October 28, 2008 (Washington, DC) — A humanized monoclonal antibody, PRO 140, which targets CCR5-tropic virus, might be a viable approach to treating human immunodeficiency virus (HIV). Tantalizing data were presented here at the 48th Annual ICAAC/IDSA 46th Annual Meeting, a joint meeting of the American Society for Microbiology and the Infectious Diseases Society of America.

The results are from an interim analysis of the first 15 patients in a dose-escalation study. The patients had to have not started therapy or to have been off it for 12 weeks prior to enrollment. Their baseline averages were 35,480 HIV RNA copies/mL and a CD4 cell count of 403 cells/µL. A single dose of placebo or the monoclonal antibody was administered, and the patients were followed for 58 days.

Those receiving placebo showed a mean maximum 0.48 log10 reduction in HIV RNA (range, 0.15 - 0.73); that increased to +0.06 log10 by day 12. Patients receiving 5 mg/kg of PRO 140 saw a decline of 1.9 log10 (range, 1.44 - 2.17) for mean maximum log10 reductions and of 1.88 log10 for mean log10 changes. Patients receiving 10 mg/kg achieved a reduction of 2.17 log10 (range, 2.09 - 2.26) and 2.01 log10, respectively. Control of viremia slowly waned, but by day 22, patients who had received the larger dose of the monoclonal antibody still had a reduction in HIV RNA levels of 1.5 log10.

Lead author Jeffrey M. Jacobson, MD, from Drexel University College of Medicine in Philadelphia, Pennsylvania, told Medscape HIV/AIDS that the study confirmed and extended the initial single-dose study. The larger dose extended the duration of the antiviral effect, and studies of even larger doses are envisioned.

“This drug works differently from the other CCR5 inhibitors and potentially could be synergistic with them, or work on viruses that have developed resistance to them,” explained Dr. Jacobson.

The current intravenous administration of PRO 140 suggests dosing every 2 to 3 weeks, whereas modeling suggests that an increase in the dose might extend that to a month. The manufacturer and supporter of the study, Progenics, is investigating other possible modes of administration, including a transdermal patch that might administer a more steady state of the drug.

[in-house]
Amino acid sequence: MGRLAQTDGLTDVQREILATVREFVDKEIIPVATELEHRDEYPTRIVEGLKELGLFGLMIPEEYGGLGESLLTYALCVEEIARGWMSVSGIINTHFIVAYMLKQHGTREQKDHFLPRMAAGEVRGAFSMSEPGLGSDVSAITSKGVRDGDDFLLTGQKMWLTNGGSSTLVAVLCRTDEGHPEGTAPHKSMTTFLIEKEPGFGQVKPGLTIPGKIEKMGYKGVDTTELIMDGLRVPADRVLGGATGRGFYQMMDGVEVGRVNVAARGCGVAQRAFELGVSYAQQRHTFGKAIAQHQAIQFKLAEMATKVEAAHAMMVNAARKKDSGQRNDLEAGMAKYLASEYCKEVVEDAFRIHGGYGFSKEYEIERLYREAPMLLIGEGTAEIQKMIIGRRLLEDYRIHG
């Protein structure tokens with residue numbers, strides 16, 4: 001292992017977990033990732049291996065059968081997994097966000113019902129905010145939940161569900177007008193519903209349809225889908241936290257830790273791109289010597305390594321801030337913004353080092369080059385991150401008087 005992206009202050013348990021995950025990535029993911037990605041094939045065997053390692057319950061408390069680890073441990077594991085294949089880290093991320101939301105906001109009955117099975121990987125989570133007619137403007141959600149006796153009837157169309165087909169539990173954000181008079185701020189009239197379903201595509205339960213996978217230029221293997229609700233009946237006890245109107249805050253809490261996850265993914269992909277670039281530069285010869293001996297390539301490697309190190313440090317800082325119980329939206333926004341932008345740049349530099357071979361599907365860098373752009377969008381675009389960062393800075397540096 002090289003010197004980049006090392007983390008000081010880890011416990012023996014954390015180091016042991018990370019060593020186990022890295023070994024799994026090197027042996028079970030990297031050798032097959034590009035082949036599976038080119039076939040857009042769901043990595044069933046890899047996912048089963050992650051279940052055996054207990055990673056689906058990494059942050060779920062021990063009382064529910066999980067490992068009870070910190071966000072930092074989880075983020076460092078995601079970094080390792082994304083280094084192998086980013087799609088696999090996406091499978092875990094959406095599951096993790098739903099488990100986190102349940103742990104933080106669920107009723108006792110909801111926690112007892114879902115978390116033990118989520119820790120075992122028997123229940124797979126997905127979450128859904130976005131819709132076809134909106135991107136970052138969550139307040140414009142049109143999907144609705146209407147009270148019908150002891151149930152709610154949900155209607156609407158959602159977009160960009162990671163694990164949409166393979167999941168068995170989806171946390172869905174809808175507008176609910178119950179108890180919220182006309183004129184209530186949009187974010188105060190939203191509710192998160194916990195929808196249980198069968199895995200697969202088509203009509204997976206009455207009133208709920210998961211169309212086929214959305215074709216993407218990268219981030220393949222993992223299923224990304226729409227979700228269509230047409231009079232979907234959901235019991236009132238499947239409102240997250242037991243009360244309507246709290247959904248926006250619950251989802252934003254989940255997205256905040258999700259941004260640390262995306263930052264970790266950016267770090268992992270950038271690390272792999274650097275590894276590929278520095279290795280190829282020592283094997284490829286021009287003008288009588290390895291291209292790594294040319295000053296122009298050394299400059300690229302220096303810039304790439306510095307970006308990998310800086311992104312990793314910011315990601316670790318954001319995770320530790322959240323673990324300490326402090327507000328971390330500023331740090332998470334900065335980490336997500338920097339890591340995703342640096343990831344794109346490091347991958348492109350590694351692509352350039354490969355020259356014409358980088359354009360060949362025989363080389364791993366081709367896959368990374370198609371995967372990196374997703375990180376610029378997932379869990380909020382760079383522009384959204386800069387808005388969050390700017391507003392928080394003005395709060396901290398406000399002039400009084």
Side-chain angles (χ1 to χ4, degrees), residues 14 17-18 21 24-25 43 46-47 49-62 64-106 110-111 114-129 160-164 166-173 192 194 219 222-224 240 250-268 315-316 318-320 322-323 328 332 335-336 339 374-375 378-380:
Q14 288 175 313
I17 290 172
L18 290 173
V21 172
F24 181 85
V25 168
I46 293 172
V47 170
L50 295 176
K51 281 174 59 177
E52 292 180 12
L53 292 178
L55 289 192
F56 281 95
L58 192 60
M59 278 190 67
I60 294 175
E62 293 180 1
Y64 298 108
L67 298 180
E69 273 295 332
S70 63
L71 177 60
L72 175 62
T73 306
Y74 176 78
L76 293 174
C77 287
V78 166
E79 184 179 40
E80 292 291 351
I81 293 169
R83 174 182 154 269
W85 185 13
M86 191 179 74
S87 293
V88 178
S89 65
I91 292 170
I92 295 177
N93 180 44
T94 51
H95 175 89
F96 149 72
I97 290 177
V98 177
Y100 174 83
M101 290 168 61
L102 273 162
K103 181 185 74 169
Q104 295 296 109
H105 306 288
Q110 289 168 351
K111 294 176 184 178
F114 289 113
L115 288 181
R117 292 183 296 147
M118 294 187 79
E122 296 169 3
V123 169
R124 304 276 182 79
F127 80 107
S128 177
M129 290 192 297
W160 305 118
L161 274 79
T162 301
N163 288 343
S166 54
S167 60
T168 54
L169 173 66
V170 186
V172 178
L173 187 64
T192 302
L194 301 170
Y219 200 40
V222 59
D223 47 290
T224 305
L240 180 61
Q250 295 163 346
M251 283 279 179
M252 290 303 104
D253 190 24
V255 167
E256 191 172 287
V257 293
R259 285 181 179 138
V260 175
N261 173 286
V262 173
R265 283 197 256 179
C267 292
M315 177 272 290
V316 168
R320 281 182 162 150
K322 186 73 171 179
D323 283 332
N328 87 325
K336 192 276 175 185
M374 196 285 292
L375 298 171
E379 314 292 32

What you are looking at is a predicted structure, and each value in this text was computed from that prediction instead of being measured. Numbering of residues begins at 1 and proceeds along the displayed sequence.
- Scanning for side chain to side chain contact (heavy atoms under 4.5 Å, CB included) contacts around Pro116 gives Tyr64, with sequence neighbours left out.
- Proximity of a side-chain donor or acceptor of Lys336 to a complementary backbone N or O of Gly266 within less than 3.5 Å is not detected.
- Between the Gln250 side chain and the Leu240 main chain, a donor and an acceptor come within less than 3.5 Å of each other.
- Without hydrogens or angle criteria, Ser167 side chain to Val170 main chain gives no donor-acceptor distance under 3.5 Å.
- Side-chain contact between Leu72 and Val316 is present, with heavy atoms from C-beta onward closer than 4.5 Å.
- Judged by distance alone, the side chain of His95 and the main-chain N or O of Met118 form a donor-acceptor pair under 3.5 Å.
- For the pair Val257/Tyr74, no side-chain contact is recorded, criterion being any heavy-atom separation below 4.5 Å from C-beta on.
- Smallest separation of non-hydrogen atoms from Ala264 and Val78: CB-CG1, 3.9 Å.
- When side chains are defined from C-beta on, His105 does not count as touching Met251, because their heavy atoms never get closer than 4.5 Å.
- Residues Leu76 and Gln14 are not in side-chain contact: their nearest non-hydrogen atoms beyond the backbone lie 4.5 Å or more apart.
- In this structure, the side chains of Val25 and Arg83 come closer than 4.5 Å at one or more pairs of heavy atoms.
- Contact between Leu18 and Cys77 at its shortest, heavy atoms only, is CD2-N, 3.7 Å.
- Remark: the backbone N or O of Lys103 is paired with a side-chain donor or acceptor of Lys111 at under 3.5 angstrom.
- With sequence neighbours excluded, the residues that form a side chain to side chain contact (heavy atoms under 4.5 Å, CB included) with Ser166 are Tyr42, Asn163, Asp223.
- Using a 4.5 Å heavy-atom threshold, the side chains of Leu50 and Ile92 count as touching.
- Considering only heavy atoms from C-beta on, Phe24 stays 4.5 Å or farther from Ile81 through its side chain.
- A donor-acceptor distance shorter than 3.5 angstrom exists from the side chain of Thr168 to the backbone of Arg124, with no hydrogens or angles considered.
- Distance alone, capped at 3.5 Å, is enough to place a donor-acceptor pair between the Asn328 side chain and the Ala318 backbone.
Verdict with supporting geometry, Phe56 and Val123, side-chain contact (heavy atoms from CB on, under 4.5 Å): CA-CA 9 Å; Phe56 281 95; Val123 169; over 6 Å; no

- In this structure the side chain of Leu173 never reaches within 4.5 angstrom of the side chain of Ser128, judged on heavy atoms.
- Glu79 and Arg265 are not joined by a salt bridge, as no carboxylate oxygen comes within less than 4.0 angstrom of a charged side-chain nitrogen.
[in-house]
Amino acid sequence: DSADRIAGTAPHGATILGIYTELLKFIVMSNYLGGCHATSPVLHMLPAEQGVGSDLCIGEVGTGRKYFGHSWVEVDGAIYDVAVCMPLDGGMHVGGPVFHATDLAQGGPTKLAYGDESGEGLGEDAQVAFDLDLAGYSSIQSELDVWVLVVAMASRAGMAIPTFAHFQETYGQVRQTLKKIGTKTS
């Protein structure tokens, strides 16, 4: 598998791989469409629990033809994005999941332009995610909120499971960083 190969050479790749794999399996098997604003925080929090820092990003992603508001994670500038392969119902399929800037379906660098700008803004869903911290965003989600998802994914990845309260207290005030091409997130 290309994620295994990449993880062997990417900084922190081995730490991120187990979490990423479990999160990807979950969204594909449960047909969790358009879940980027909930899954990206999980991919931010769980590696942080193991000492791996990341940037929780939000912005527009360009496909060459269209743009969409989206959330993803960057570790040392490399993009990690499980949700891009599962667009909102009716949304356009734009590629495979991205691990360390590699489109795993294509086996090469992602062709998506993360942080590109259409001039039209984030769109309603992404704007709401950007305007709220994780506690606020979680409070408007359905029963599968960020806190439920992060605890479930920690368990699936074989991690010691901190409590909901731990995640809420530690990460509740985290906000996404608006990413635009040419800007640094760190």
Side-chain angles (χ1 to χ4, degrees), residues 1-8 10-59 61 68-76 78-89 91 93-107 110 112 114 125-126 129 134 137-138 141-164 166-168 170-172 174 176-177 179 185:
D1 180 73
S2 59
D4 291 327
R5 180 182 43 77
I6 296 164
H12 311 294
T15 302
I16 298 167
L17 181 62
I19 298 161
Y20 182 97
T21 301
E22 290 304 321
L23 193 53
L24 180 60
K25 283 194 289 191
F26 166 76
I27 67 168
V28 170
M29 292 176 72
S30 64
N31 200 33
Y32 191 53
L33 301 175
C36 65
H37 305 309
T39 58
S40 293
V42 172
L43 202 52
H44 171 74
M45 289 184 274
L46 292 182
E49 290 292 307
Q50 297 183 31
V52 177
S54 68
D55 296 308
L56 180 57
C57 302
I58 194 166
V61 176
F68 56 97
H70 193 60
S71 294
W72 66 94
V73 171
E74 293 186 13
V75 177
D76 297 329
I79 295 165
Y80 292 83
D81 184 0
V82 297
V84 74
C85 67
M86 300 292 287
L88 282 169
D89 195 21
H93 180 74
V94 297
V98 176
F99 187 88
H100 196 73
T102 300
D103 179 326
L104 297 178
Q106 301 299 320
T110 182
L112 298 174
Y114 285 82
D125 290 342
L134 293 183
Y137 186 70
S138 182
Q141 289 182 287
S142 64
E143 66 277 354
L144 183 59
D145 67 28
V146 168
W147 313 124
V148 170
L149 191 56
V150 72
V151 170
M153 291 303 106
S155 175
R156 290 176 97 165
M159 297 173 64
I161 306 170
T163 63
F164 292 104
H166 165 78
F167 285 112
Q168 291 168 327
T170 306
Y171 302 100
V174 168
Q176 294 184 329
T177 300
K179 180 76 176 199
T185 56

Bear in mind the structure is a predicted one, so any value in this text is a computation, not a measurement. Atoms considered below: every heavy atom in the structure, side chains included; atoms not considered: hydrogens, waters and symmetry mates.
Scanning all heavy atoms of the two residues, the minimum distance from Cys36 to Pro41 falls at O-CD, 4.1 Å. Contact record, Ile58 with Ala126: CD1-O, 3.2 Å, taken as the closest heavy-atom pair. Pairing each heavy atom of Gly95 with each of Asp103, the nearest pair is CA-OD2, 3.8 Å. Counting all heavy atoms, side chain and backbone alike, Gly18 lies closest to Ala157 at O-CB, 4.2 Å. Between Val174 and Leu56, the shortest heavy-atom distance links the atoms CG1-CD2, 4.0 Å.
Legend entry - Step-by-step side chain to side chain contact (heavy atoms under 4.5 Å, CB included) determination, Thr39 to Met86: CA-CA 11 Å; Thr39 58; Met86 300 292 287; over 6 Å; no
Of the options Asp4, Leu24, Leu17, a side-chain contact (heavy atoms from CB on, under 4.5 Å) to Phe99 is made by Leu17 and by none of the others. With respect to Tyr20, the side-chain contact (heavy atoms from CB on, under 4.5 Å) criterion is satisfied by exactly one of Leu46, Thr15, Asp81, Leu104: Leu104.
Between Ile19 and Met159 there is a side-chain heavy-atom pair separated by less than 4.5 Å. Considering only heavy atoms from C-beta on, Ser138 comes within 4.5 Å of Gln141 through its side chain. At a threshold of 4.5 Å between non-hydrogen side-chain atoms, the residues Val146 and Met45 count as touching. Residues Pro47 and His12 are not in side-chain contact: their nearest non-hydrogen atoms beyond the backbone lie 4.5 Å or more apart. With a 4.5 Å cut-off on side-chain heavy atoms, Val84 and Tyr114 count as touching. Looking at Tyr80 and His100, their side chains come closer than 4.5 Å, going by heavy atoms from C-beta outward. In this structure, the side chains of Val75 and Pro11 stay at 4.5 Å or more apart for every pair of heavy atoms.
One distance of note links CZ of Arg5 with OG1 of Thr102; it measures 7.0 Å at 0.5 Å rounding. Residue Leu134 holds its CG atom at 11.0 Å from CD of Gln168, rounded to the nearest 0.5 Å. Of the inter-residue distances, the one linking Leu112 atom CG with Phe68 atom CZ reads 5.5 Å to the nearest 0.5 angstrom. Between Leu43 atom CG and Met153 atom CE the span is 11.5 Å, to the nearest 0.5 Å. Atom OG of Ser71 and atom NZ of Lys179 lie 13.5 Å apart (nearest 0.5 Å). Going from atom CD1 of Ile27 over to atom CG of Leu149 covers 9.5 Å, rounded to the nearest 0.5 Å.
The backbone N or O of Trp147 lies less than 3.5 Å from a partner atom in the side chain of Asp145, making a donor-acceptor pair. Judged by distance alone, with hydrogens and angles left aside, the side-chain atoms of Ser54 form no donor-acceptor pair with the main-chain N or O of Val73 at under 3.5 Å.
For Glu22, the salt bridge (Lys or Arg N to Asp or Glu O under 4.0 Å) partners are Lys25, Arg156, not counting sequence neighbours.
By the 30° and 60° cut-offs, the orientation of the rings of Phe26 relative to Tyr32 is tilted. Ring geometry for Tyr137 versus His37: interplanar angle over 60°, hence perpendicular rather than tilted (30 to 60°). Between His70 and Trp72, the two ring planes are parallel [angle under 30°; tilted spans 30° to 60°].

Dr. Jacobson said: “There are patients who clearly are not adhering to their regimens and not benefiting from them. Having a systemic treatment that could be administered at long enough intervals, and making it convenient enough, might have a place with patients who cannot or will not take their oral therapies” on the sustained basis that is required to prevent the development of viral resistance.

He also can envision a potential prophylactic use of the monoclonal antibody as a form of pre-exposure prophylaxis, at least in high-risk populations.

“If several of these [injectable or infusible] drugs could be developed and brought to clinical use, it would be much easier to provide directly observed therapy on a monthly basis” for hard-to-manage patients, Daniel Kuritzkes, MD, a Harvard University researcher and the conference organizer, told Medscape HIV/AIDS.

Dr. Kuritzkes noted that in vitro work “has demonstrated that the antibody is active against viruses that have developed resistance to small-molecule inhibitors, like maraviroc and vicriviroc.” But the drug candidate “faces a high bar” to widespread use.

The study was supported by a grant from the National Institutes of Health. Neither Dr. Jacobson nor Dr. Kuritzkes have disclosed any relevant financial relationships.

48th Annual ICAAC/IDSA 46th Annual Meeting: A Joint Meeting of the American Society for Microbiology and the Infectious Diseases Society of America: Abstract H-1269a. Presented October 26, 2008.

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